What are the heavy burdens we carry? Have students read Alma 7:11–13and find words that describe the kinds of burdens we carry that the Lord suffered for (pains, afflictions, temptations, sicknesses, death, infirmities, sins). Ask: According to Alma, which of the causes of anxiety we wrote on the board earlier would be included in what Jesus suffered?

How does the Savior lift our burdens? Ask: When did the Savior suffer the burdens mentioned in Alma 7:11–13? (see Matthew 26:36–39). Share the following statement by President George Q. Cannon of the First Presidency on the results of the Atonement:

“If we are in sorrow, if we have heavy burdens, or are in any manner perplexed, He will hear us; He will lift our burdens, lighten our sorrows, dispel darkness, and fill us with light and with that heavenly feeling that comes from Him through the presence of the Holy Ghost” (“Blessings Not Appreciated,” in Brian H. Stuy, ed., Collected Discourses Delivered by President Wilford Woodruff, His Two Counselors, the Twelve Apostles, and Others, 5 vols. [1987–92], 4:12).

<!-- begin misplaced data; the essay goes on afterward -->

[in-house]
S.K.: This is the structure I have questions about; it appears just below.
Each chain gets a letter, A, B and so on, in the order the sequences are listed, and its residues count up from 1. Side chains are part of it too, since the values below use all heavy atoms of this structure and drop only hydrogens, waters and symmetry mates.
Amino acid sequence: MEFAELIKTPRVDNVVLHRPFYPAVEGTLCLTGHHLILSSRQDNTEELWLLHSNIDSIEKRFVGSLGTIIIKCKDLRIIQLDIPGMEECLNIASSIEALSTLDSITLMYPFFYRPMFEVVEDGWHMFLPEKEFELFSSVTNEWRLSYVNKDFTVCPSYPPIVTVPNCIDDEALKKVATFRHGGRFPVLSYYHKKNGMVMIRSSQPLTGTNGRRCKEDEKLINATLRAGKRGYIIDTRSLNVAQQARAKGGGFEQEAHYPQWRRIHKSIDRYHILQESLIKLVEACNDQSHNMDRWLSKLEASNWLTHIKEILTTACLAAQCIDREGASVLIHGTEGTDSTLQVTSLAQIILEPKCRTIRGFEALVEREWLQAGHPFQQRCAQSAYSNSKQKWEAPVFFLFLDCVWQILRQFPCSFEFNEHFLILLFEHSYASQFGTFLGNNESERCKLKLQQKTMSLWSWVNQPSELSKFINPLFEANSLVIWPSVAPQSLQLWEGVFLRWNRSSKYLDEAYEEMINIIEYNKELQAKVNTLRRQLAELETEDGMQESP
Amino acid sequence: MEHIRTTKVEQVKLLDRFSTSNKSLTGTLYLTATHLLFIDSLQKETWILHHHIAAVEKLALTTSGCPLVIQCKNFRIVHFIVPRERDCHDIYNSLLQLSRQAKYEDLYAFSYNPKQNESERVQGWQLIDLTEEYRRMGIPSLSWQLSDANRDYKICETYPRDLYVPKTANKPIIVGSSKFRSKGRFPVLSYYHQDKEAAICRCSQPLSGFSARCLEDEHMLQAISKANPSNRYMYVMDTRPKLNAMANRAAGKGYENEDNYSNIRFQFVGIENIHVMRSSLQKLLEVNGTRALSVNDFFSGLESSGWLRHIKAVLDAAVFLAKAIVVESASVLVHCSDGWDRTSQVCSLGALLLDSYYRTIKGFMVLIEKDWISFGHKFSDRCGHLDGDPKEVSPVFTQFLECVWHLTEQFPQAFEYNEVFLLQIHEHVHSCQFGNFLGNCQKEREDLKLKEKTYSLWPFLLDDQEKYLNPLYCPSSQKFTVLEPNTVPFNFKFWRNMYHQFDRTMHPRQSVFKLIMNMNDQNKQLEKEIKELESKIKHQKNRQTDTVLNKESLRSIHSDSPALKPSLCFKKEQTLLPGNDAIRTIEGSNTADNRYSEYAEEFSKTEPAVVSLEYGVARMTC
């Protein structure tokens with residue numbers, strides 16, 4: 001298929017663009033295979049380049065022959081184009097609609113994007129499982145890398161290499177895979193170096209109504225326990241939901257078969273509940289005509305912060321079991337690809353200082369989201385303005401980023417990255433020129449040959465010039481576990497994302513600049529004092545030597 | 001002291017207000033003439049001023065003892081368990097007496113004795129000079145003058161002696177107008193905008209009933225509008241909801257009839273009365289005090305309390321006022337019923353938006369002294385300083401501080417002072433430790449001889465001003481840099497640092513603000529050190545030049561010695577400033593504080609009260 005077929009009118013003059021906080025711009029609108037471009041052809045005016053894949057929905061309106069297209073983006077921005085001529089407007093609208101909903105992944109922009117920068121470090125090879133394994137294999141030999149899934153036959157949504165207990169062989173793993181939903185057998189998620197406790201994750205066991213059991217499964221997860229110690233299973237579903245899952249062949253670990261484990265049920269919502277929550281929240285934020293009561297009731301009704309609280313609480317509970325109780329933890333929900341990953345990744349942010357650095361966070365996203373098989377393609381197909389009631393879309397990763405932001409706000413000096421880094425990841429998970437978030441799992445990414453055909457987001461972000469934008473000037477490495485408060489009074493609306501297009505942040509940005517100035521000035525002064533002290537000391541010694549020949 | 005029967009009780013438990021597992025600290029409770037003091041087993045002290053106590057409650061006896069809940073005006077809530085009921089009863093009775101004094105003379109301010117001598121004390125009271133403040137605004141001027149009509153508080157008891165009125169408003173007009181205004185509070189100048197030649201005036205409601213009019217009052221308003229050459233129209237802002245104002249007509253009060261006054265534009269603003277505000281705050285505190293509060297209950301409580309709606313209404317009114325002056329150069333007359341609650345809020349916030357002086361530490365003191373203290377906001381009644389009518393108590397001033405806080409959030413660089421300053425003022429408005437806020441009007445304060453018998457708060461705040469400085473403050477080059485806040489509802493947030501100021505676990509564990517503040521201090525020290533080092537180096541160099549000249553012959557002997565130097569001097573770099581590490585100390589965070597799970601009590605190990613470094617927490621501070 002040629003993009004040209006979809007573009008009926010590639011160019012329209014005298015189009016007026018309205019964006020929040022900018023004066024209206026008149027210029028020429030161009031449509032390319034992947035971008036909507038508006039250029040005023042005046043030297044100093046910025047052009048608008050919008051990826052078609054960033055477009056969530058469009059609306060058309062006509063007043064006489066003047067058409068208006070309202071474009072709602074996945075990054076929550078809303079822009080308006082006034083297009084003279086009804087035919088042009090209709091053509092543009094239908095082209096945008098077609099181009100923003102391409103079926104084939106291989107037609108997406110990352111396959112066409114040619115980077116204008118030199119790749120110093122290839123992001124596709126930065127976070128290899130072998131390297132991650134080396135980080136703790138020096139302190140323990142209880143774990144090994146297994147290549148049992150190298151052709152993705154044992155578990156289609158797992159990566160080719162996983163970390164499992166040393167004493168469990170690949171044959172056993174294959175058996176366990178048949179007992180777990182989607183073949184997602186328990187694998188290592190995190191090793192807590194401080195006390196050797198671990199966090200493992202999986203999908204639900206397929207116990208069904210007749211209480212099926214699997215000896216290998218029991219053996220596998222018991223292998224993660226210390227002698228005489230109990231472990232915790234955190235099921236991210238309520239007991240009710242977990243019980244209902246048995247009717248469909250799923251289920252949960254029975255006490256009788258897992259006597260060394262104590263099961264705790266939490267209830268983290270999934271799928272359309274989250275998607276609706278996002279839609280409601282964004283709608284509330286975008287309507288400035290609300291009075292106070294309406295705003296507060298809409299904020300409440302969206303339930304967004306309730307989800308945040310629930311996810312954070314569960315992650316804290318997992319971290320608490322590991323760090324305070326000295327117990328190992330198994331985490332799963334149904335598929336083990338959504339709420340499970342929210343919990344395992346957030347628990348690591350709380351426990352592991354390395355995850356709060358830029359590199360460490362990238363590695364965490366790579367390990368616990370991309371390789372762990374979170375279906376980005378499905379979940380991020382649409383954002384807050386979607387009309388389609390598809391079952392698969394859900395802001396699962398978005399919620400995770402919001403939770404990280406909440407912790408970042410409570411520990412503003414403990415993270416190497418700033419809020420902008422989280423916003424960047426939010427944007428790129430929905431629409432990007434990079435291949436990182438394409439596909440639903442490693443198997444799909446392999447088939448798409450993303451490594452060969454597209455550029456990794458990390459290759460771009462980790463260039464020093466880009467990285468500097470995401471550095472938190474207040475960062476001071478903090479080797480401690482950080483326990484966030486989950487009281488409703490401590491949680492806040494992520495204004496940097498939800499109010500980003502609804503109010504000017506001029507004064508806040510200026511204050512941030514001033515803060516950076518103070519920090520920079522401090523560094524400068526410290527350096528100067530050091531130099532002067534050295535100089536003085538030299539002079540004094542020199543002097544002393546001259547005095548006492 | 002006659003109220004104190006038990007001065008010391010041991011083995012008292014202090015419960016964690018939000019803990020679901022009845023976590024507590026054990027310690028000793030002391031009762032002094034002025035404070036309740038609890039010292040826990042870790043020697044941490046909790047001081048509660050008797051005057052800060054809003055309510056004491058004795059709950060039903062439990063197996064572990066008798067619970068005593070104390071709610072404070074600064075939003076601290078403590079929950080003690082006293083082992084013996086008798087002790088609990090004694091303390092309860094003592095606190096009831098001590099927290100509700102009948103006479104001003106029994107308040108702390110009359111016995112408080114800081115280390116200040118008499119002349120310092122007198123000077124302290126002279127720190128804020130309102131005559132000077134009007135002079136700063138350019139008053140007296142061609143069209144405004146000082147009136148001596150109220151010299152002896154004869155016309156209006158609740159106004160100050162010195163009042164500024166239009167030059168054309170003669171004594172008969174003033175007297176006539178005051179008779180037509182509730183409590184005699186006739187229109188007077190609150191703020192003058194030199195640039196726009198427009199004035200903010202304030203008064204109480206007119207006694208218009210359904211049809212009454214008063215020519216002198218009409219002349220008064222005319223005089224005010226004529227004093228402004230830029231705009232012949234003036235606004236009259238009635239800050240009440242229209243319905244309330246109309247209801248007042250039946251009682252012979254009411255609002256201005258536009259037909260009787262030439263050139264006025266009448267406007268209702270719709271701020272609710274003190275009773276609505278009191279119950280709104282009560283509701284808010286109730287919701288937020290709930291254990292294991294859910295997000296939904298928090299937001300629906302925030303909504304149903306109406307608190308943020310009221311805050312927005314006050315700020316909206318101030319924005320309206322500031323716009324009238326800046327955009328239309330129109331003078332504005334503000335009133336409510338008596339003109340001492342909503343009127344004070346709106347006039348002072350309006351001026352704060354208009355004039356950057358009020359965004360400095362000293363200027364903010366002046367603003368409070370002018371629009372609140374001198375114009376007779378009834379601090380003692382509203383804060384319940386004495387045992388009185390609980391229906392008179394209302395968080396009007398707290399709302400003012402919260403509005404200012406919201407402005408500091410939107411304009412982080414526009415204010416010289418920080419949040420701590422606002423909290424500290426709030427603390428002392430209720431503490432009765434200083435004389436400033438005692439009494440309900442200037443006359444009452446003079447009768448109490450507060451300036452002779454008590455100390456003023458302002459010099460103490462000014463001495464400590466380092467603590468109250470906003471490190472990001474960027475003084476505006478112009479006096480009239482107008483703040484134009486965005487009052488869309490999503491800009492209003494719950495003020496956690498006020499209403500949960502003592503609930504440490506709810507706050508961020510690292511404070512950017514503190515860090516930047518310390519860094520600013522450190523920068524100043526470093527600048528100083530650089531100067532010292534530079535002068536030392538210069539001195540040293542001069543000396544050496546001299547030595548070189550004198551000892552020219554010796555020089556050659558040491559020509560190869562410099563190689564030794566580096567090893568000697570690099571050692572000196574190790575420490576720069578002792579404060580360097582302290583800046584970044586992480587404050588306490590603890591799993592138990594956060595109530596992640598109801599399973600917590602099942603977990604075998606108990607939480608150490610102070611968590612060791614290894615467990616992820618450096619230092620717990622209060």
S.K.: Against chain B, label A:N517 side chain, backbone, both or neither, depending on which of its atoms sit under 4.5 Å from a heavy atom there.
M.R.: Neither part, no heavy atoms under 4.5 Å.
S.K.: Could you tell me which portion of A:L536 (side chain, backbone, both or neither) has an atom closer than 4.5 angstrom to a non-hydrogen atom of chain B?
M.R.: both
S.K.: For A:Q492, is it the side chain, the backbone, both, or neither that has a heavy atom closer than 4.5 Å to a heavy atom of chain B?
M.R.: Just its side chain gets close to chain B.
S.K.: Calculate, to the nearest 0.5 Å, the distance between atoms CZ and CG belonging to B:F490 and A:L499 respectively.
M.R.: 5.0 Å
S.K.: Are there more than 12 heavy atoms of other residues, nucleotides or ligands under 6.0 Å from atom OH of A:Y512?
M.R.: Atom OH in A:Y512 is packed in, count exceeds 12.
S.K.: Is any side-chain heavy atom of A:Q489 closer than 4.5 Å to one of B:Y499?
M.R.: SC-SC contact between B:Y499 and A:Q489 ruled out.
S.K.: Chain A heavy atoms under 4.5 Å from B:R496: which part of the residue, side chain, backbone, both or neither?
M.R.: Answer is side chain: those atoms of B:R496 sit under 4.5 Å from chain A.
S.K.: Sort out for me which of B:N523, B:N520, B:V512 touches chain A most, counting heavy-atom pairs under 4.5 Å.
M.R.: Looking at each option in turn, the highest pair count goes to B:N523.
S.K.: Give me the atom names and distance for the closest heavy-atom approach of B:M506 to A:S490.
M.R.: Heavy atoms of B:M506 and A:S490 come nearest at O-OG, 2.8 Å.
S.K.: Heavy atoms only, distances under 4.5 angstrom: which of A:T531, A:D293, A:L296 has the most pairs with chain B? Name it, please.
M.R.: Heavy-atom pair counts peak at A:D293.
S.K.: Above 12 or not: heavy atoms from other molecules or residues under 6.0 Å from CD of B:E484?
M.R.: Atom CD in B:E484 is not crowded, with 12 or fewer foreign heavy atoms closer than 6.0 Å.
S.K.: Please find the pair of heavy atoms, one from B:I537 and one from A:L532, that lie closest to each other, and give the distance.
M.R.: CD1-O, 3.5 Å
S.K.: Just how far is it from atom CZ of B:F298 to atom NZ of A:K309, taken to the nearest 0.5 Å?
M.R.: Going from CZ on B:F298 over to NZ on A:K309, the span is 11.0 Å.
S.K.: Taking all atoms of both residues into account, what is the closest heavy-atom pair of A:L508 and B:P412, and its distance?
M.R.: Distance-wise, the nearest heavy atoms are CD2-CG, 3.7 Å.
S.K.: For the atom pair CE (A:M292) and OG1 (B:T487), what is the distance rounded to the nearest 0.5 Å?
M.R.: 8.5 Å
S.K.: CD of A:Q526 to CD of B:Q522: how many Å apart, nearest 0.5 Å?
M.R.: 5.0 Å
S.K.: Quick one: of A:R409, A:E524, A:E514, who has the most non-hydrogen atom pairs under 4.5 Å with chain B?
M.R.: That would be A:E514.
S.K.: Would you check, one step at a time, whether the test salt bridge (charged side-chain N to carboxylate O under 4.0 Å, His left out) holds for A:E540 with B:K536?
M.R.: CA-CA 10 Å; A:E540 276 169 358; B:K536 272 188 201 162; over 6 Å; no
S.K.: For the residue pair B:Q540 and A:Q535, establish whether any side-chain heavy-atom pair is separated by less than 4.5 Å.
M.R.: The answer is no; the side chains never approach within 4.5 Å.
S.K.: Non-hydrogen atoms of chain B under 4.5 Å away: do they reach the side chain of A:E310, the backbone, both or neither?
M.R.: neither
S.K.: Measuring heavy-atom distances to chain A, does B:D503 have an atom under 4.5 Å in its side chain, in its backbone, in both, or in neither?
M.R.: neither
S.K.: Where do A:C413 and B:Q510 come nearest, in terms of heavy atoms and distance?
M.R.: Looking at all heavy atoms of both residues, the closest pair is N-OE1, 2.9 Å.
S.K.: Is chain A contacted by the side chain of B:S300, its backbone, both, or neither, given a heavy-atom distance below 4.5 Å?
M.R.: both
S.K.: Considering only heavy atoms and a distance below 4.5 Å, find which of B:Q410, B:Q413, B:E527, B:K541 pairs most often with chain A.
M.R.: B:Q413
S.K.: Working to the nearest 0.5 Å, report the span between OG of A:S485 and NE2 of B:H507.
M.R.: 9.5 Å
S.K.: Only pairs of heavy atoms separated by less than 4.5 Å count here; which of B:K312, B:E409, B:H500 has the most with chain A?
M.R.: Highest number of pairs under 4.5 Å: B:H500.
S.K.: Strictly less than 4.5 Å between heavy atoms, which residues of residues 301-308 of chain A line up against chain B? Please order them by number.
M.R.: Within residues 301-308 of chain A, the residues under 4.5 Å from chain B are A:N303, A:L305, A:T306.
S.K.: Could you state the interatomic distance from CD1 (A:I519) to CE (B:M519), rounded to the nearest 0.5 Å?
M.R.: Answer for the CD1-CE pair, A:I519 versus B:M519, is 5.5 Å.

Draw on the board or show students this picture of a yoke for oxen.

yoke

What is the lighter, easier yoke Jesus offers us in place of our burdens? Notice that the yoke has a place for two oxen. It takes two oxen working together to accomplish the task. Ask: What relationship do we enter into with the Lord when we are baptized? (A covenant relationship.) Read Mosiah 18:8–10and look for one of the most important covenants we make with the Lord. Share the following statement by Elder Bruce R. McConkie:

“To keep the commandments and serve with fidelity and devotion in the Church is to wear the Yoke of Christ, the yoke of service and devotion. Those who love the Lord and desire salvation willingly shoulder this yoke, thereby finding rest to their souls (Matt. 11:28–30) and discovering that the Lord’s commandments are not grievous. (1 John 5:3.)” (Mormon Doctrine, 2nd ed. [1966], 853).

Help students understand that ultimately a righteous life leads to greater peace and happiness than a wicked life. Conclude by singing or reading the words to the hymn “How Gentle God’s Commands” (no. 125).

Matthew 12:1–13(see also Mark 2:23–3:5; Luke 6:1–10). On the Sabbath day we should rest from our daily labors and be actively engaged in good works.

(25–30 minutes)